"For the foreseeable future, the euro-zone countries and the ECB will be following a rational course. Euro-zone governments must now really make sure that everyone in the euro zone gets their budget deficits under control. And, for its part, in agreeing to buy bonds, the ECB has lost a bit of independence that it must win back as quickly as possible. Part of doing so is putting an end to the state of emergency that has been called as swiftly as is economically feasible. Failing to do so will preserve unhealthy incentives: If states know that the ECB will keep buying their bonds whenever they encounter problems, they are not forced to have hardly any restraint in taking on new debt."
"The real test of the ECB's independence will come farther down the road, when it is forced to raise interest rates in order to keep the value of the currency stable and prevent the economy from overheating. Given their massive state debts, governments will have an interest in keeping interest rates low for a long time. It will only be when the ECB ignores this desire that it will demonstrate that it has regained its freedom from politicians."
The center-left Süddeutsche Zeitung writes:
"750 billion, that is a huge sum. Euro zone countries and the IMF want to guarantee members who run into trouble on the credit markets to the tune of 750 billion. It is a number that one will often see written out with all the zeros in the coming days. It is large enough to infuse respect, even fear. It seems reasonable to ask: What's going on here? And, who is in control of this game?Phantasies of world (or euro) demise seem to be in great demand."
"The fear is intensified by the lack of understanding about that which is taking place in the financial markets. Conspiracy theories everywhere: 'The markets' are acting crazy; 'the speculators' outfitted with 'gigantic computer programs' have been set free. They are 'betting against Greece' or even 'against the euro.'"
"There are no evil speculations at work here, nor is there a mega-gambler like ... George Soros, who allegedly brought the British pound to its knees (always an exaggeration). Rather, there are just small and big investors. Some of the hedge funds were indeed bigger, but they didn't invent this game on their own. They are like professional surfers, who know how to catch the wave at the right moment. But they didn't make the wave."
The website of the influential weekly newspaper Die Zeit writes:
"Europe will remember this moment in the spring of 2010 for a long time to come. The Greek lies, the chuminess of other euro zone countries, the fright spread by the financial markets with their increasingly unscrupulous bets on the Greek state's eventual bankruptcy. For a dramatic moment, it looked as though the fate of the entire European Union -- a historically unprecedented work of over 60 years -- was hinging on a thread from some dubious rating agency."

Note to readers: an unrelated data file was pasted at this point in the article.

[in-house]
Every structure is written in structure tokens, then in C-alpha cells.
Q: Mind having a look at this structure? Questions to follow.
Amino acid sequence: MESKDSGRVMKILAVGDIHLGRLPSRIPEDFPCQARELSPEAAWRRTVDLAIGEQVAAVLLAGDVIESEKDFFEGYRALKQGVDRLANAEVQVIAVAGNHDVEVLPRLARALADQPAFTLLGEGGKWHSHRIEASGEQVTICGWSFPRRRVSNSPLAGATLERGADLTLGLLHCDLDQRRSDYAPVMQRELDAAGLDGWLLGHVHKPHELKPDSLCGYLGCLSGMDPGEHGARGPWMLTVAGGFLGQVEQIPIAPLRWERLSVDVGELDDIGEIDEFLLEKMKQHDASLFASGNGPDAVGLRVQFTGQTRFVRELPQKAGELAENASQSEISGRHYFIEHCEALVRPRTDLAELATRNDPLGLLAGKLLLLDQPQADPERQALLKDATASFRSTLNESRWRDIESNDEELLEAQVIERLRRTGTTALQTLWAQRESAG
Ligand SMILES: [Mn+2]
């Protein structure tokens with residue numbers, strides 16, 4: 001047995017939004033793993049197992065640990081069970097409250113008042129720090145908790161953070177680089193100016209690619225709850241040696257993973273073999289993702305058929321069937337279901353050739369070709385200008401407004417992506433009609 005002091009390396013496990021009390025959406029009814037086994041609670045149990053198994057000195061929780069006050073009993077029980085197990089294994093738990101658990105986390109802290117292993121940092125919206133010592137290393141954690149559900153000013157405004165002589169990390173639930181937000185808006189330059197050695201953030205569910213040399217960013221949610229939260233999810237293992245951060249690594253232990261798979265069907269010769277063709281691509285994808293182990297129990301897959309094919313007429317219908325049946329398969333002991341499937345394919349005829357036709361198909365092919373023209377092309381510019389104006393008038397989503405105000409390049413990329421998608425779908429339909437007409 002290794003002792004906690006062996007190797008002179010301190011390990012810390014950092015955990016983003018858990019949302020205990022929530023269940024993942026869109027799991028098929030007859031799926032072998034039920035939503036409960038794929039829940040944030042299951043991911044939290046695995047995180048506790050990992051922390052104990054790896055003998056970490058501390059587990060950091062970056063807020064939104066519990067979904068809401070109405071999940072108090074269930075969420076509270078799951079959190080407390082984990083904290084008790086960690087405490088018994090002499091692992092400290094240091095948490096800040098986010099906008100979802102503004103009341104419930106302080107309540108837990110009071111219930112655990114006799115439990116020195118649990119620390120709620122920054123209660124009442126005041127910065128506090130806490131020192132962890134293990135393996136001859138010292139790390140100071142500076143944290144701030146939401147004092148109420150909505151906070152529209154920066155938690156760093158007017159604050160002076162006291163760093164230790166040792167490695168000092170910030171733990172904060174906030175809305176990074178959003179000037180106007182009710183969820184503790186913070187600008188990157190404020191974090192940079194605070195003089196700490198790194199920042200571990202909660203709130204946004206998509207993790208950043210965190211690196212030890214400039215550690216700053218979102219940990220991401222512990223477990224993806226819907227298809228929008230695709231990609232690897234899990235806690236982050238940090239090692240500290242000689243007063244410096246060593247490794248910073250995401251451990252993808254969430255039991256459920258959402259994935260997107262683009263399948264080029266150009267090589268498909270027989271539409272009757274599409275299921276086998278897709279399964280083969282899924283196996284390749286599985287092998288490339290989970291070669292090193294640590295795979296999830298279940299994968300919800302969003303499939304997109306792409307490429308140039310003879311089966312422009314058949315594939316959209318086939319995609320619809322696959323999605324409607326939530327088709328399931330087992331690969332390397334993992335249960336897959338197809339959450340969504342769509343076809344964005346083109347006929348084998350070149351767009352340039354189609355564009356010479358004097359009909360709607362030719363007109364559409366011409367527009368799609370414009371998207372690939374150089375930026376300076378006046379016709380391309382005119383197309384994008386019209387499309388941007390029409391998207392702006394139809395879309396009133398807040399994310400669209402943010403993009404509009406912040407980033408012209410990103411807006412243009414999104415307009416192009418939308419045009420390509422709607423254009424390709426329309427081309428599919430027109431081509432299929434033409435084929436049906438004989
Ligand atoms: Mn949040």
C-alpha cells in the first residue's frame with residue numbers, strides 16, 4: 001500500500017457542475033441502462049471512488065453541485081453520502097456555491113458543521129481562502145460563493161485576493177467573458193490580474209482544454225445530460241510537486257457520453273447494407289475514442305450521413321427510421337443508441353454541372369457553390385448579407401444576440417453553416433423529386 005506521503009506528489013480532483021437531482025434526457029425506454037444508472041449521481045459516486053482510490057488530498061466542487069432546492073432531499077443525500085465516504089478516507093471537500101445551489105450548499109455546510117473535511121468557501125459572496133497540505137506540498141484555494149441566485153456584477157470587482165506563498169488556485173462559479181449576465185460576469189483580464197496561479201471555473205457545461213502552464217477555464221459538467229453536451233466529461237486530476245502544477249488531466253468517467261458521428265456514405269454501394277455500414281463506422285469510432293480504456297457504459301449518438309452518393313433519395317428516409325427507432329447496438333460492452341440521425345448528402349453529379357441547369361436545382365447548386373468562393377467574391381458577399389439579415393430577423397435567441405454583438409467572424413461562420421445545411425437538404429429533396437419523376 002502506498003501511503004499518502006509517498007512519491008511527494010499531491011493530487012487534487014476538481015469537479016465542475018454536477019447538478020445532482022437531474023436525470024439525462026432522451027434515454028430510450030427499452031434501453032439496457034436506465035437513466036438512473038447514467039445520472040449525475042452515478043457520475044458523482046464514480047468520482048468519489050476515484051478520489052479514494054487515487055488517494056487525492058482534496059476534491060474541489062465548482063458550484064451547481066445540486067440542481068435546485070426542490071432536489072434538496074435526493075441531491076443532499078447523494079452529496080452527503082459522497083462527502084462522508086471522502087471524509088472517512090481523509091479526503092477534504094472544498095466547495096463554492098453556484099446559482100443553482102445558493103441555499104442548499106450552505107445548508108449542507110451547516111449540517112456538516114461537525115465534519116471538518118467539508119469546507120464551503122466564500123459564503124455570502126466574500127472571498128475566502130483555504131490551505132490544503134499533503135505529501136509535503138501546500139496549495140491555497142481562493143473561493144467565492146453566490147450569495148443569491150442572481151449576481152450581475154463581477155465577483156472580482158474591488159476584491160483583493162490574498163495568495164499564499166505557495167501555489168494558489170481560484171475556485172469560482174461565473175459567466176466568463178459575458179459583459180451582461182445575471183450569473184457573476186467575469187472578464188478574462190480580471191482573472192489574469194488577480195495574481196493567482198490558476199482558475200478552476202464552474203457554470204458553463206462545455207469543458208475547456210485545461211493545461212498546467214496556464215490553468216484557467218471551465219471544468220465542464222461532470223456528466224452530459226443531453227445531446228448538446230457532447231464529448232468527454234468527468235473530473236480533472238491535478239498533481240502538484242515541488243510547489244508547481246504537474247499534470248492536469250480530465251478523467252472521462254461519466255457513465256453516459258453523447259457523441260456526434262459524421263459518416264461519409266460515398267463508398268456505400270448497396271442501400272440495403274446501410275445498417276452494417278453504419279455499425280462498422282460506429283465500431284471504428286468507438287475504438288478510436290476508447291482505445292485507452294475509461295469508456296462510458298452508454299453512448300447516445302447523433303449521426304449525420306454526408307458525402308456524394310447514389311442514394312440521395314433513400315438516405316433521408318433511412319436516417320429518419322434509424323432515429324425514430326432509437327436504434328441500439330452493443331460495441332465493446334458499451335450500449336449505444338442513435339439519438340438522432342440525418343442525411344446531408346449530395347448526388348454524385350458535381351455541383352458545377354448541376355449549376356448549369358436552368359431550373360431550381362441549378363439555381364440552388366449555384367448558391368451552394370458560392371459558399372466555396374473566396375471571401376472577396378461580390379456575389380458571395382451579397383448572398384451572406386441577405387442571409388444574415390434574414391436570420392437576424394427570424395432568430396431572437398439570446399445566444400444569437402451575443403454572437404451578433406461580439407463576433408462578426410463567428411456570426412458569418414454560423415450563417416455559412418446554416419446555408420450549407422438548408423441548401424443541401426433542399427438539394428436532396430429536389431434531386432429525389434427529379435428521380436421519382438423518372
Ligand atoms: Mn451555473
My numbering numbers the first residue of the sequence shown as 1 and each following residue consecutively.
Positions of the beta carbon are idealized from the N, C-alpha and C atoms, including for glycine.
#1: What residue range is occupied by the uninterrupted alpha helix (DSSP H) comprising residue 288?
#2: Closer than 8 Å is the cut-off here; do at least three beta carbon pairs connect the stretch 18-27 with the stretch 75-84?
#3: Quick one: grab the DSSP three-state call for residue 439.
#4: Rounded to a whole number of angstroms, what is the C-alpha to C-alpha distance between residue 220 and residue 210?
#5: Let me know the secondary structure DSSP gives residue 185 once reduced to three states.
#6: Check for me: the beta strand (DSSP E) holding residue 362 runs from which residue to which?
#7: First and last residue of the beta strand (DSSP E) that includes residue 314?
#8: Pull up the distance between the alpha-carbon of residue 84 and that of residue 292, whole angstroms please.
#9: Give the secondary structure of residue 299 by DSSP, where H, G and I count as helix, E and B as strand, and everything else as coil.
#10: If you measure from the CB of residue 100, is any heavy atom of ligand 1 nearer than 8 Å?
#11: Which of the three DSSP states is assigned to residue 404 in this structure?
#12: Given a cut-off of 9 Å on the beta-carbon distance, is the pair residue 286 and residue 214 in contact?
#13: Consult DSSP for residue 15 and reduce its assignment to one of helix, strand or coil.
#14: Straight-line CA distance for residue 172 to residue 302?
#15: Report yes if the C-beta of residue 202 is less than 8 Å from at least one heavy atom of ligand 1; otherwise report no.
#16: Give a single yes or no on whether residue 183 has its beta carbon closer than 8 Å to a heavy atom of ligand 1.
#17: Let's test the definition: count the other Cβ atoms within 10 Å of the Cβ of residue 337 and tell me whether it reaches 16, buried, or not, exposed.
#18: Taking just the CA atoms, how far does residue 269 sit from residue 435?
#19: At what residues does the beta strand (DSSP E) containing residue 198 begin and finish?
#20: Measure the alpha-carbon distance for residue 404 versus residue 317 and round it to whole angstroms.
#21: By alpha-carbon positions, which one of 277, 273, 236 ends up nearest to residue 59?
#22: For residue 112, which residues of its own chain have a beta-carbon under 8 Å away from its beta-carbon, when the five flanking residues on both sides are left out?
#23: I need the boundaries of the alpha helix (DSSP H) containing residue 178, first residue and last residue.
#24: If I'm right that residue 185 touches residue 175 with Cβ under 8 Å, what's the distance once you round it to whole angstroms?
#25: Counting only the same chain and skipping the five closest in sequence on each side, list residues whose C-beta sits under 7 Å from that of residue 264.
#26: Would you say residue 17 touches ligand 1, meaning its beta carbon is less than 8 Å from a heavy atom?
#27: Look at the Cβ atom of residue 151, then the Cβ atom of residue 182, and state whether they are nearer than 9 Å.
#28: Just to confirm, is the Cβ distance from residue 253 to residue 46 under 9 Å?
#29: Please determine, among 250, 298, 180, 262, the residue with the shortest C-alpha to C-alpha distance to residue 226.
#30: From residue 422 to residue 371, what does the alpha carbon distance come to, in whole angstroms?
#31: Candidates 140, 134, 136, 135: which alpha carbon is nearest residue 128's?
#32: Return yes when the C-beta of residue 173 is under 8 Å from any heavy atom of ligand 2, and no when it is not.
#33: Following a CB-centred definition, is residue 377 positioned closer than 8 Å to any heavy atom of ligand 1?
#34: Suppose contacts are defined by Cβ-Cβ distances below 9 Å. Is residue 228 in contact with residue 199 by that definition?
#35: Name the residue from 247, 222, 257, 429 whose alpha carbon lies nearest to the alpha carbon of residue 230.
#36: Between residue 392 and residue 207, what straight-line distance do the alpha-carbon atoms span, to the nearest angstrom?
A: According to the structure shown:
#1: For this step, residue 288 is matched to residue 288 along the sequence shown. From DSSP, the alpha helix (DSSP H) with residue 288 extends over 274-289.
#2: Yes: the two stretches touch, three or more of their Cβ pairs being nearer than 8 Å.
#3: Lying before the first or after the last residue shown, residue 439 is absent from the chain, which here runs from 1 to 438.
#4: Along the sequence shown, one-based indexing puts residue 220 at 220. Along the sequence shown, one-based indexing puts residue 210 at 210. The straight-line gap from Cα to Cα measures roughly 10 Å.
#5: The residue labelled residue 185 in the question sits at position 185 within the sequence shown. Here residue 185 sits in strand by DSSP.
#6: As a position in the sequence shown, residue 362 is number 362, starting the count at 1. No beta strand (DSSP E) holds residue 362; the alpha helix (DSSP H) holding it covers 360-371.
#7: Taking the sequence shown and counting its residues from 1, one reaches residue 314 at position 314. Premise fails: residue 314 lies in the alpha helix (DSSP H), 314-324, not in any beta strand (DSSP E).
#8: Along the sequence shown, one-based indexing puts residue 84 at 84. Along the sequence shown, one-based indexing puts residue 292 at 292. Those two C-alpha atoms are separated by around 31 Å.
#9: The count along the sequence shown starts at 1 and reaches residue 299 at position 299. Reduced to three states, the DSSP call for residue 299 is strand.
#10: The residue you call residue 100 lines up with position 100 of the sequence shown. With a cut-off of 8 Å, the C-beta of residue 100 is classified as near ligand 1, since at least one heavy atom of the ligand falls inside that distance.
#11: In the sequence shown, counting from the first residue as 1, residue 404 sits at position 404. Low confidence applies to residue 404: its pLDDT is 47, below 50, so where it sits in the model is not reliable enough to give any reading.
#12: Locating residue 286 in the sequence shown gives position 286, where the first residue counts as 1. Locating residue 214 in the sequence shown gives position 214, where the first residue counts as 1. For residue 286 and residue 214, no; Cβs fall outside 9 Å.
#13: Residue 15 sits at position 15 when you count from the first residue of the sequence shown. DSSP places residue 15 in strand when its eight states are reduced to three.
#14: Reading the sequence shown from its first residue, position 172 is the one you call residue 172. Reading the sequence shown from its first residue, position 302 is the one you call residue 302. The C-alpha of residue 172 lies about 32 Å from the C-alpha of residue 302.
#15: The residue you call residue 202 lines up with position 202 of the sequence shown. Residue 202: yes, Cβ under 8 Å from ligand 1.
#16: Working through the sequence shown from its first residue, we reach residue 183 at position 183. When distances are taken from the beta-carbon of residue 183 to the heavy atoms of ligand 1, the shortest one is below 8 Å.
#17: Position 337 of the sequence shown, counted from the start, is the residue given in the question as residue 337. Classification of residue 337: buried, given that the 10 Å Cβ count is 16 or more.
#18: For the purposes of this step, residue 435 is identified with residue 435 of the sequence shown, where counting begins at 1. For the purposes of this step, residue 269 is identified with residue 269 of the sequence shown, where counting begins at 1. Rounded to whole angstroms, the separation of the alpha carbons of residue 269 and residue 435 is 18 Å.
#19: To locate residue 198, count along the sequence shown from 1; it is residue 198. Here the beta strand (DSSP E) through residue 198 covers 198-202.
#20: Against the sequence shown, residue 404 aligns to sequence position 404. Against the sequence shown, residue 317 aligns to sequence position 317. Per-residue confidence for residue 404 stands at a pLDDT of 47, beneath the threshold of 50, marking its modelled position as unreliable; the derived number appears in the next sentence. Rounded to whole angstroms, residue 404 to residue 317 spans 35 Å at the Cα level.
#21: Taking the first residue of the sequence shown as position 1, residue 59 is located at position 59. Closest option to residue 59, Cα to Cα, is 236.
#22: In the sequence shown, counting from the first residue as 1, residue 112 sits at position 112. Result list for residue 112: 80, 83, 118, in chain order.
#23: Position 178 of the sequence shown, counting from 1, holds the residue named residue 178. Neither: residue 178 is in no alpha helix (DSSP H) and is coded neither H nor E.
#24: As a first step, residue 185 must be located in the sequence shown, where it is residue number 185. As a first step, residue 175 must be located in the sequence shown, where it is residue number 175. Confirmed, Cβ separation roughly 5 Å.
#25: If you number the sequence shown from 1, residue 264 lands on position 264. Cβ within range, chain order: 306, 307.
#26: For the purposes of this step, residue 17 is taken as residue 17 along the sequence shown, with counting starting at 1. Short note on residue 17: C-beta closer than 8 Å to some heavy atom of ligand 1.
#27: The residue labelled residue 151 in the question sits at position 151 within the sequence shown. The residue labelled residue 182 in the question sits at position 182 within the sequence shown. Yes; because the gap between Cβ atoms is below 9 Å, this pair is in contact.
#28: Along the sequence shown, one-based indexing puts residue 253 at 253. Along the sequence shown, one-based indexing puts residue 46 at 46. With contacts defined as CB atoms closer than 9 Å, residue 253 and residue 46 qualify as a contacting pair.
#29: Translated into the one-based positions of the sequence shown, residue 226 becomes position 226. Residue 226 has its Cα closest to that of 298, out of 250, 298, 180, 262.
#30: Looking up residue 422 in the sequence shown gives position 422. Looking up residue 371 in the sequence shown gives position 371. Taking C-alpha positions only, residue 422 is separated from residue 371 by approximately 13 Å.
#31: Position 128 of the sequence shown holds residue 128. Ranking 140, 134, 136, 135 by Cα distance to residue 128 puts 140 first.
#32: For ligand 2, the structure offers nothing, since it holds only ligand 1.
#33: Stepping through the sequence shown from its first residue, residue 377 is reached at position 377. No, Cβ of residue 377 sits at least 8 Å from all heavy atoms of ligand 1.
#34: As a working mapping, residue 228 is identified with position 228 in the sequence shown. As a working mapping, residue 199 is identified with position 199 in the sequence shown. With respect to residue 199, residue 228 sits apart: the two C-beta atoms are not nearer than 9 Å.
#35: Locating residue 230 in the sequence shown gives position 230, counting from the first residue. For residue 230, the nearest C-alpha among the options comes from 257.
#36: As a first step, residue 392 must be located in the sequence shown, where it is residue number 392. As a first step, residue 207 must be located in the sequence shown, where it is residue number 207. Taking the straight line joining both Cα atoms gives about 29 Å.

"That we Germans -- and 14 other euro zone states -- have to pay for Greece, or at least provide it with guarantees, is bitter. And it's far from a foregone conclusion that the fright will not return. But there's another aspect that Europeans will look back on one day. The developments of recent weeks have shown just how advanced European integration has become over time -- and not just on the paper of treaties in Brussels. It may sound like a paradox after all the disputes, but Europe has been pulled closer together by this crisis. That closeness was recognizable when, on May 1, unions across Europe protested and German workers lively debated the Greek pension system. Germans are torn between their solidarity with their colleagues in Athens and their anger over the fact that they have to support Greeks who get to retire a lot earlier than their German counterparts. The demand is clear: 'If we have to pay for you, then you will have to work as long as we do.'"
"For years, the debate over unified European social standards has been the exclusive domain of leftist European think tanks. Now the debate is being conducted on the streets of Germany, France and Greece. Another example is the state election in North Rhine-Westphalia. The issue of whether Merkel delayed aid for Greece because of the election has been the subject of passionate discussions everywhere from London to Bratislava to Prague. Britain's Economist criticized Merkel as decisively as Stockholm's Svenska Dagbladet. And this criticism wasn't without echo in Germany -- indeed, the election gained a new issue."
-- SPIEGEL ONLINE Staff